Adam Rice

My life and the world around me

Tag: barbecue

Sometimes the new ways are the best

Char Griller brand dual grill

I’ve been barbecuing all my adult life. I don’t claim to be a grillmaster. I haven’t made a study of scientifically optimized barbecuing techniques. But I can usually get pretty good results. I’ve always been a traditionalist about it, only using charcoal, and always owning a primitive grill. I had a L’il Smokey in college. I had a tiny thing that fit in a backpack when I lived in Japan. Since then, I’ve always had one of those converted 55-gallon drums. I always felt that part of the fun of grilling was the unpredictability—that each time I got good results in spite of the lack of control, it was a small triumph over chaos, and my ability to get good results was evidence of some inarticulable talent.

It turns out that this represented one of those unexamined assumptions that turns out to be wrong.

The bottoms on those drum grills eventually rust out completely, so I’d wind up replacing them every few years. After the last one was gone, Gwen decided it was time for something different. She knew that charcoal grilling tastes better, but she also knew that gas grilling was more convenient, and can be a better-tasting option than stovetop cooling. She picked out a two-way grill, with gas in the left barrel and charcoal in the right. It was on sale at the big-box store, and we bought it. This is not something I would have picked out for myself—the charcoal side alone is fancier than any of those drum grills I’ve owned. And I felt a bit odd about allowing a propane grill into the household, even though I can avoid using it if I want.

We took the grill on its maiden voyage yesterday, and it immediately proved itself to be vastly superior to any grill I’ve owned before. To hell with triumph over chaos and inarticulable talent. I’ll stick with convenience, predictability, and control from now on. At least when it comes to grilling.

My mom’s turkey recipe

To set down for time immemorial and Google, I present herewith my mom’s method for making a turkey, with stuffing, with my own minor tweaks. In this recipe, the bird is cooked on a charcoal grill. This has the benefit of freeing up the oven for things like pie, and it tastes great. There’s also the element of risk, since the grill is a less-controlled environment, so you get a little thrill when everything turns out well.

For a 14-lb bird, this recipe will take about four and a half hours, so budget your time accordingly.

Stuffing ingredients:

  • Bread cubes: two bags unseasoned stuffing cubes, or dried cubes from one loaf of bread
  • Onions, three
  • Mushrooms, 1 lb
  • Rice pilaf mix, one box
  • Walnuts or pecans, two handfuls, chopped

All these quantities are negotiable, and you can make any additions you see fit (raisins, rosemary, celery, etc)

Begin by removing the neck and giblets from the turkey and simmer them for at least one hour. Coarsely cube the onions and mushrooms, and lightly sautée them. Start the rice pilaf mix.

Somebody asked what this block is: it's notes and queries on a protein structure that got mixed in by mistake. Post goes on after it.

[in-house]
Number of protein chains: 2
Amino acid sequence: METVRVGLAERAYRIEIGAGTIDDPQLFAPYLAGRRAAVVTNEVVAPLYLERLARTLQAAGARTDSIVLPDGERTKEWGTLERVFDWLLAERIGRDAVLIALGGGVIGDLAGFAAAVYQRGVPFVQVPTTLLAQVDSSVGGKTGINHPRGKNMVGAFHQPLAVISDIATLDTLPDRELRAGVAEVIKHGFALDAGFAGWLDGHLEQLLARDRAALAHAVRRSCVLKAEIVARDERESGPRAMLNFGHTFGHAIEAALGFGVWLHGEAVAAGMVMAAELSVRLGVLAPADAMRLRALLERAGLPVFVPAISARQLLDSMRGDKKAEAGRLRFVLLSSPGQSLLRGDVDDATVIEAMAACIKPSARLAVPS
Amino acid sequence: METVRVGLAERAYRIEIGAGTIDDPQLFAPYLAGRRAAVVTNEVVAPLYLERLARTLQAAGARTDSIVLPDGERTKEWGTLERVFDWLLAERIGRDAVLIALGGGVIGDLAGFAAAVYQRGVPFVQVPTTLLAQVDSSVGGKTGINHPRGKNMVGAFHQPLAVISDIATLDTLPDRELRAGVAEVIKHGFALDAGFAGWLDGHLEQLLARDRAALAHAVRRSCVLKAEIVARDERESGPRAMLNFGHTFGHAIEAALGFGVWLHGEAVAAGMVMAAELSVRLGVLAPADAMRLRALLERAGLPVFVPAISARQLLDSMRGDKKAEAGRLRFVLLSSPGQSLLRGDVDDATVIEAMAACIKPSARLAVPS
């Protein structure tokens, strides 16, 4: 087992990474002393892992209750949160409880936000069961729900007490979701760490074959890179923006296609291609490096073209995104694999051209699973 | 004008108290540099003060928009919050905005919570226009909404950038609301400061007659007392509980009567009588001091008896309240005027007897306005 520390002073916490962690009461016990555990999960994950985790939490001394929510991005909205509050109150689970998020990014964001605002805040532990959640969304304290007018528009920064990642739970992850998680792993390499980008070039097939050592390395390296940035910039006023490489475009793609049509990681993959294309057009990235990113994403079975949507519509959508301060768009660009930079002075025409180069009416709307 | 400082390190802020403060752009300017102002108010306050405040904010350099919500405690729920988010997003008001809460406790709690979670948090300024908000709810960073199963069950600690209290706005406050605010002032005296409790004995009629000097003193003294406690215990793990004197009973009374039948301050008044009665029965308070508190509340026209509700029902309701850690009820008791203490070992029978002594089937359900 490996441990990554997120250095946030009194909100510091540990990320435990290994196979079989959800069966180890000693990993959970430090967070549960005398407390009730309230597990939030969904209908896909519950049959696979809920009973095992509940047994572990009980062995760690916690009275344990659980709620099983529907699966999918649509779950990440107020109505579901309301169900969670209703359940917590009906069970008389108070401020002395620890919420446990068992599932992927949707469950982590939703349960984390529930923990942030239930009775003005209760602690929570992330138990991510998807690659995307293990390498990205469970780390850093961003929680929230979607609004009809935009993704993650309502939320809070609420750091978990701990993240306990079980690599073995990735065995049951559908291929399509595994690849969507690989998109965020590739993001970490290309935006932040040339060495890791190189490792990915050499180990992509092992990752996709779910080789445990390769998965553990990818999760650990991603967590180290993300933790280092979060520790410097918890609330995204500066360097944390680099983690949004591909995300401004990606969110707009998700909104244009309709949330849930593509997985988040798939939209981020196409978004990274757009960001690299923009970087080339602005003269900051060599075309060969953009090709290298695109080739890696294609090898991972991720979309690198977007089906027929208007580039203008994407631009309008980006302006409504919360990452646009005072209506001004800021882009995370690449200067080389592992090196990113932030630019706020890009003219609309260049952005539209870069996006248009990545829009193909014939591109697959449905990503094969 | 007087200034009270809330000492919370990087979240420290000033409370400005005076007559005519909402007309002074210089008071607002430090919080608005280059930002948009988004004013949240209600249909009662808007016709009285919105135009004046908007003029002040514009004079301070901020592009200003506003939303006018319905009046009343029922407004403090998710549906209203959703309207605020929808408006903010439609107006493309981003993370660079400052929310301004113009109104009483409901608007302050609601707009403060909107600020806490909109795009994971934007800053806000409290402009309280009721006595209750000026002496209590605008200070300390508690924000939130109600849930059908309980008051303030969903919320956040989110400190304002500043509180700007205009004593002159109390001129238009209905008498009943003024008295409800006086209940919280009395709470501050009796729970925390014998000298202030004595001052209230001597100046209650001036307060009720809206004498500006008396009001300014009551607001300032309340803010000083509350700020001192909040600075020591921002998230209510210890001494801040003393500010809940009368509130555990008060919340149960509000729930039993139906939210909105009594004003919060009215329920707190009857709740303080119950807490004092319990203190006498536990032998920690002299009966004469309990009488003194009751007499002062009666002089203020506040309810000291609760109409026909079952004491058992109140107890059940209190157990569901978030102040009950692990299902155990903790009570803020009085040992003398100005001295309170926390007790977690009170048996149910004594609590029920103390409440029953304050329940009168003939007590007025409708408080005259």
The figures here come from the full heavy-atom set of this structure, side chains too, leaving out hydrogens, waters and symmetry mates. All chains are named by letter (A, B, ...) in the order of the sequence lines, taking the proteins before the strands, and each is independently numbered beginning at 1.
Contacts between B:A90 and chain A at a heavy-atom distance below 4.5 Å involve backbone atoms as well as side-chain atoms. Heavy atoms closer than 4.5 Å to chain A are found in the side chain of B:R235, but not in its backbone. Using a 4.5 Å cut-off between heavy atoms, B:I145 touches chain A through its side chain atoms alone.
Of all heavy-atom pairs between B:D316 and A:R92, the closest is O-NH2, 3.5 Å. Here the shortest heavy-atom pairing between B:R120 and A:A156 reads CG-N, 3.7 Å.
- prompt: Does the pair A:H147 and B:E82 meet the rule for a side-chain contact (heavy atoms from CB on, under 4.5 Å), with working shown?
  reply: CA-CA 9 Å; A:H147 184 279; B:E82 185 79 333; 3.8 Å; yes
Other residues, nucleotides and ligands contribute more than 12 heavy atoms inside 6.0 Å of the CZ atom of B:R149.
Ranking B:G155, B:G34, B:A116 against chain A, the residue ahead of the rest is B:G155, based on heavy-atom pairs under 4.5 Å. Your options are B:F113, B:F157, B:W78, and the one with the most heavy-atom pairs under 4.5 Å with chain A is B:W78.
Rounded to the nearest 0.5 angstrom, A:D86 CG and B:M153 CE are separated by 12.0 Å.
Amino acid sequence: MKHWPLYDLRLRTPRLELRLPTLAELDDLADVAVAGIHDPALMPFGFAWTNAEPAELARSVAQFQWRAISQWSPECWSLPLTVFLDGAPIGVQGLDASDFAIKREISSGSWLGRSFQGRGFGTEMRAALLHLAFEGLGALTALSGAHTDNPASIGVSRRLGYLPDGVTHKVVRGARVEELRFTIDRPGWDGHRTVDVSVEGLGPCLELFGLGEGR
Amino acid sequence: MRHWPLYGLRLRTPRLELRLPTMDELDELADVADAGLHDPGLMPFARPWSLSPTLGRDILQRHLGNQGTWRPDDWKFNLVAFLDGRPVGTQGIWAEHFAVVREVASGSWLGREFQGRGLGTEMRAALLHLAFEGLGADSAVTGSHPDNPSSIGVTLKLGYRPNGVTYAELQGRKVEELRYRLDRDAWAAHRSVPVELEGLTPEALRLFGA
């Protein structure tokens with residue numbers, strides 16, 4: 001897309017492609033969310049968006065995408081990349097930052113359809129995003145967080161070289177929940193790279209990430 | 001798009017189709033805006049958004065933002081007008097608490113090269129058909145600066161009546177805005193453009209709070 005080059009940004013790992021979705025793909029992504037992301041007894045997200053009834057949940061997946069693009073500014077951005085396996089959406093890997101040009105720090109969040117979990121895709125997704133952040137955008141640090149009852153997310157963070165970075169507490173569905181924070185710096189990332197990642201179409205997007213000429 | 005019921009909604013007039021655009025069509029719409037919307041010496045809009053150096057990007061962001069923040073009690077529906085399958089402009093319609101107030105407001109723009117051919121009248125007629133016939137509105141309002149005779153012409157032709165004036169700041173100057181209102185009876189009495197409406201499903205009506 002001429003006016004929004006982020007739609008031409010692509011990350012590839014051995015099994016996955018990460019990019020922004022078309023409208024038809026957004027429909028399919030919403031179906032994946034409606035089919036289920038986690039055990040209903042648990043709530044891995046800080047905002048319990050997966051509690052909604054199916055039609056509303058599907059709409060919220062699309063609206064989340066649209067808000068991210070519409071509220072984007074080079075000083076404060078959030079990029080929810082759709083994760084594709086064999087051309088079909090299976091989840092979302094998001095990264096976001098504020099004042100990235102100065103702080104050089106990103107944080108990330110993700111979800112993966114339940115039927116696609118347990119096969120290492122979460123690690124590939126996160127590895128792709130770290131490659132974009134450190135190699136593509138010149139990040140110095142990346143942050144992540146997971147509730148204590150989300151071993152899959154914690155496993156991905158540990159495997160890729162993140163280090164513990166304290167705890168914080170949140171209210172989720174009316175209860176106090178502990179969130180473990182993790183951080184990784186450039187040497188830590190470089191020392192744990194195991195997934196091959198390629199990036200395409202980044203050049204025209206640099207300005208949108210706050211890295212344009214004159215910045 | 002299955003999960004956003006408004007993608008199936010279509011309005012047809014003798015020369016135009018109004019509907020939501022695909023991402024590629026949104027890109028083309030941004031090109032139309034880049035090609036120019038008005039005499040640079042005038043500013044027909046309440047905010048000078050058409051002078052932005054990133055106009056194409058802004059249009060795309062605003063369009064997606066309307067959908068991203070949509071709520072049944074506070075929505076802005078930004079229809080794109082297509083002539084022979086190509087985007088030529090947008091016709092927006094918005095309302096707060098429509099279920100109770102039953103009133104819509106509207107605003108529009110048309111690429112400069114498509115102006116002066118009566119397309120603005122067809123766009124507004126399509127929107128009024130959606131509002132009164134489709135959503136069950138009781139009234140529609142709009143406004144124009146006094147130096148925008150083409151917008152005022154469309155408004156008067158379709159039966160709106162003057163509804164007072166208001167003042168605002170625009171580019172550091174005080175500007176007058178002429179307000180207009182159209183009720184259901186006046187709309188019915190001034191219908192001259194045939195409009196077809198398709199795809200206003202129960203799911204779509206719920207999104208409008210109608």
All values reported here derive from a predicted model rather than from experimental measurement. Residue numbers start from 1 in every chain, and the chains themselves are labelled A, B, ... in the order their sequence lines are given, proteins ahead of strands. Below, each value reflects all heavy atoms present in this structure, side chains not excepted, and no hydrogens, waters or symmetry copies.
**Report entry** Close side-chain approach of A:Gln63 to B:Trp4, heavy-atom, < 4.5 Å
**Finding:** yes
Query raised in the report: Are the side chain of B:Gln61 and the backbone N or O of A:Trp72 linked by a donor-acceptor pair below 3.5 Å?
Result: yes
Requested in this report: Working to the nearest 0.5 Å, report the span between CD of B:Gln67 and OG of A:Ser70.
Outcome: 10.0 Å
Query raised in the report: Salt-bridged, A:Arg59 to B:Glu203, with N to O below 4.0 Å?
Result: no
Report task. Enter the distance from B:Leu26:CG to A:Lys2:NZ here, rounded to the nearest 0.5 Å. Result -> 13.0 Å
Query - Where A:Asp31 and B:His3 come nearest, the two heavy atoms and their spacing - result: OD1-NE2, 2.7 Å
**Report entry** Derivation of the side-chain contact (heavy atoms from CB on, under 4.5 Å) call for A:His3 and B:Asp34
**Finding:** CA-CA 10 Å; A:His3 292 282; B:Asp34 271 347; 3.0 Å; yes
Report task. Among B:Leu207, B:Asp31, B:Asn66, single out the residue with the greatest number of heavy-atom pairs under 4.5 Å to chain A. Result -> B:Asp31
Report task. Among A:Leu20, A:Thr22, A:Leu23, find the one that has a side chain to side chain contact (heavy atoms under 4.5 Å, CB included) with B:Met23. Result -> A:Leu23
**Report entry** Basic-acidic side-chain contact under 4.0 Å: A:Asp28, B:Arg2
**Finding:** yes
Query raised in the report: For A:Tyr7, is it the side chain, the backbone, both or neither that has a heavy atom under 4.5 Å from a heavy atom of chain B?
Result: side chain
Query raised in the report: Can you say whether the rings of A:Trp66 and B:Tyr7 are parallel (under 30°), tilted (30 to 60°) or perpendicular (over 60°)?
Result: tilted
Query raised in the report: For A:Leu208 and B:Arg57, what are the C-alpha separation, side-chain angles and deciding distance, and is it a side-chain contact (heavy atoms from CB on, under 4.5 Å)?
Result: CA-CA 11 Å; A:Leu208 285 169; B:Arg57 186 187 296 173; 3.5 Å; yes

Now would probably be a good time to get your charcoal going. Use one of those starter chimneys, not starter fluid. You don’t want your turkey tasting like fuel.

Once the giblets have simmered for one hour, put the bread cubes in a large mixing bowl and moisten them slightly with the giblet-water. Add the rest of the stuffing ingredients and mix them together well.

Rinse the turkey in cold water thoroughly and drain off. Thoroughly fill both the body and neck cavities with stuffing. Pin the skin down over the neck opening. There should be enough stuffing left to fill a small casserole dish. Put a light coating of olive oil on the bird.

The charcoal should be ready by now, so prep the grill. I have one of those grills made out of a 55-gallon drum turned on its side, which is ideal for this, as it gives you plenty of room and a side-opening. You are going to be using indirect heat, so you want to place your charcoal in a single heap off to one side, in a location where it will be easy to replenish.

Lay a sheet of tinfoil down on the grill away from the heat source, and place the bird on this. You’ll probably want an assistant for this part.

Allow 15 minutes of cooking time per pound, and allow an extra 15-30 minutes to take into account the added weight of the stuffing.

Every 30 minutes, add another 10 or so briquets—don’t let any more heat escape than necessary. Every hour, rotate the bird 180° to even out the cooking.

You might want to wrap some potatoes or sweet potatoes in tinfoil and throw them on when you’ve got 90 minutes to go.

At 60 minutes to go, and at 30-minute intervals thereafter, check the turkey’s internal temperature: it’s possible that it’s already done. Use a probe-type thermometer. Internal temperature measured from the top should be at least 165°F, juices should be running clear, and the skin should be the color of dark honey. If the turkey is done but you aren’t ready for it, set it as far from the heat as possible, cover it with a sheet of tinfoil, and stop adding charcoal.

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